By Christopher Howard – I moved to Costa Rica in 1980 and never owned an automobile until 1997. As retirees will find out, public transportation is both plentiful and affordable here and one does not really need a car.

fjcruiserAnyway in 1996 I decided to import a 1990 Mitsubishi SUV. A friend, who is a car dealer, got it for me at a car auction in Florida for a rock bottom price. So, I imported it and ended up paying more in taxes than the initial cost of the car, but at least I knew what I was getting.

In 2006 I purchased a 2003 Toyota Prado land cruiser because my son was nearing the age to drive and I knew that I would eventually need a second vehicle. I also liked the first model of the Prado and had always wanted to buy one.

Both of my cars had manual transmission. I had always had stick-shift vehicles and after over forty years of using a clutch my left knee started to bother me each time I drove either of my cars. I had arthroscopic surgery on both knees as a result of being involved in running, martial arts, tennis and cycling most of my life. I told my orthopedic surgeon that my left knee hurt each time I used a manual transmission. He bluntly told me to buy a car with an automatic transmission so as to not exacerbate the problem I was having and cause further damage to my knee.

I had really become attached to my two cars but had no other choice but to take my specialist’s advice. First, I thought I wanted to purchase a new Toyota Fortuner SUV. You may view the car at this link newcarenginereview.com/toyota-fortuner-2013-model.html. I contacted the salesman who had sold me my Toyota Prado and asked him if he could locate a Fortuner. A few days later he sent me a picture of a car that he had found. I had a three week vacation scheduled to the U.S., so I left him a deposit to hold the car for me and told him I would buy it when I returned. The story doesn’t end here.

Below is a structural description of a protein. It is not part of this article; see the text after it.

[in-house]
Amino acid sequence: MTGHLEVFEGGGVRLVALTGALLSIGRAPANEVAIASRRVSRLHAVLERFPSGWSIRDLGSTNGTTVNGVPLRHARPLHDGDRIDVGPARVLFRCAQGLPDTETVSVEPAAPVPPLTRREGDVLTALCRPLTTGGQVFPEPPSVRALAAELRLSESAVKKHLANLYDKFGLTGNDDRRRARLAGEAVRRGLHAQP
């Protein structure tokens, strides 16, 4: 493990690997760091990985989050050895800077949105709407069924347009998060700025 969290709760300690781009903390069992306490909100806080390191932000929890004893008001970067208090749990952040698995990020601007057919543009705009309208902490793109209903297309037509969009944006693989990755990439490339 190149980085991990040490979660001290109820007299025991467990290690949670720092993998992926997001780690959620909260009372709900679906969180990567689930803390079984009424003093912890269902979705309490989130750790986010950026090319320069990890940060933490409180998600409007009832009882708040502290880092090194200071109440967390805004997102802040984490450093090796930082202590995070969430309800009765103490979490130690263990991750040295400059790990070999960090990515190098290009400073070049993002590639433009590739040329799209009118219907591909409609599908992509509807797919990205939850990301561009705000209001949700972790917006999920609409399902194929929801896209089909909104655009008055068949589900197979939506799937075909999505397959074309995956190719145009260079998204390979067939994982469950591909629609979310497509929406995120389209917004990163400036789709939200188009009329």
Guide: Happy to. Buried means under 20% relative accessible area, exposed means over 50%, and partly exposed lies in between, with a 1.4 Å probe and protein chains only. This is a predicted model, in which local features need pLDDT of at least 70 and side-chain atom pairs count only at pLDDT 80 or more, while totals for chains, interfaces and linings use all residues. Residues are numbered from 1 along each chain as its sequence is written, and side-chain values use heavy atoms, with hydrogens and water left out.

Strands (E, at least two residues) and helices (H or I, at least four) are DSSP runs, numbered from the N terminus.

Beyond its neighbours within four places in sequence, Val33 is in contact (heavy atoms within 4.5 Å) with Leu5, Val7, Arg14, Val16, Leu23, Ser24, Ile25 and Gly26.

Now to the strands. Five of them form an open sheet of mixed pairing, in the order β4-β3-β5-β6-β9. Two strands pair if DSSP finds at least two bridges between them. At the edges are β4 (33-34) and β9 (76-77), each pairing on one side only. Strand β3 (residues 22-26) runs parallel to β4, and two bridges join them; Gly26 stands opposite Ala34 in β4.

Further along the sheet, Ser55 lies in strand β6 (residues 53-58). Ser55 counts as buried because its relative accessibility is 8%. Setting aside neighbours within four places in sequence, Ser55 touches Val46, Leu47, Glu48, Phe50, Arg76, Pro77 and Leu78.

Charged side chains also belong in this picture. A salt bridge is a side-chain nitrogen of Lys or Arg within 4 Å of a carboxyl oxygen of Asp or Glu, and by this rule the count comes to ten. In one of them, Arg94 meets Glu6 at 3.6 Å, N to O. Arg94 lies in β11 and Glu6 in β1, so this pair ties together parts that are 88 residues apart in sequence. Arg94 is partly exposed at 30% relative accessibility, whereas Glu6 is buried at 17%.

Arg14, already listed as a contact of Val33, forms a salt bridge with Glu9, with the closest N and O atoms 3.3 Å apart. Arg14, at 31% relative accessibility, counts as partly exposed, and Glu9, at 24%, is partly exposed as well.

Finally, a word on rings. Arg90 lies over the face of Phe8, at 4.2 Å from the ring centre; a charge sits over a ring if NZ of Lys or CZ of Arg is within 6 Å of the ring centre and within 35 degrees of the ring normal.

While is was visiting my sister in Washington state I noticed a lot of Toyota FJ Cruisers on the road. I talked to a couple people who owned them and they had nothing but good things to say about their vehicles. So, one day I went to a local Toyota dealership and test-drove one. It was a case of “love at first drive.” I just new I had to have one. The climate in Washington is similar in a way to Costa Rica’s weather in that it rains a lot. Granted Costa Rica is tropical but the road conditions can be almost the same. I knew the FJ Cruiser would be the perfect vehicle for Costa Rica. See this link to get an idea of what these cool vehicles are like: http://www.toyota.com/fjcruiser/?srchid=bing%7CSUV%2FVan_FJ_Cruiser%7C#!/Welcome

I basically had two choices, buy the vehicle in the States, have it sent by truck to a port and then ship it to Costa Rica. The car was a lot cheaper than it would be in Costa Rica. However, after adding up the transportation costs to port, taxes in the U.S., the cost of shipping the car to Costa Rica by boat and the taxes and license fees I’d have pay here, I opted to purchase the same car here. On top of that, I found out that I would have problems with Toyota honoring the warranty for a vehicle purchased abroad and that the version of the FJ Cruiser in the U.S. was calibrated for a different mixture of gasoline which could possible cause me headaches down the road.

I told the salesman at Toyota in San José, to forget the Fortuner and to try and get me an FJ Cruiser. Within a day he found me one that was slightly used with low millage and in such good condition that it still had the smell of a brand new car. I ended up pay cash for the vehicle as I had done with my other cars because I don’t like payments.

Needless to say I purchased a great vehicle and feel like a kid with a new toy. I know I will have fun driving it and that my FJ Cruiser will last me many years.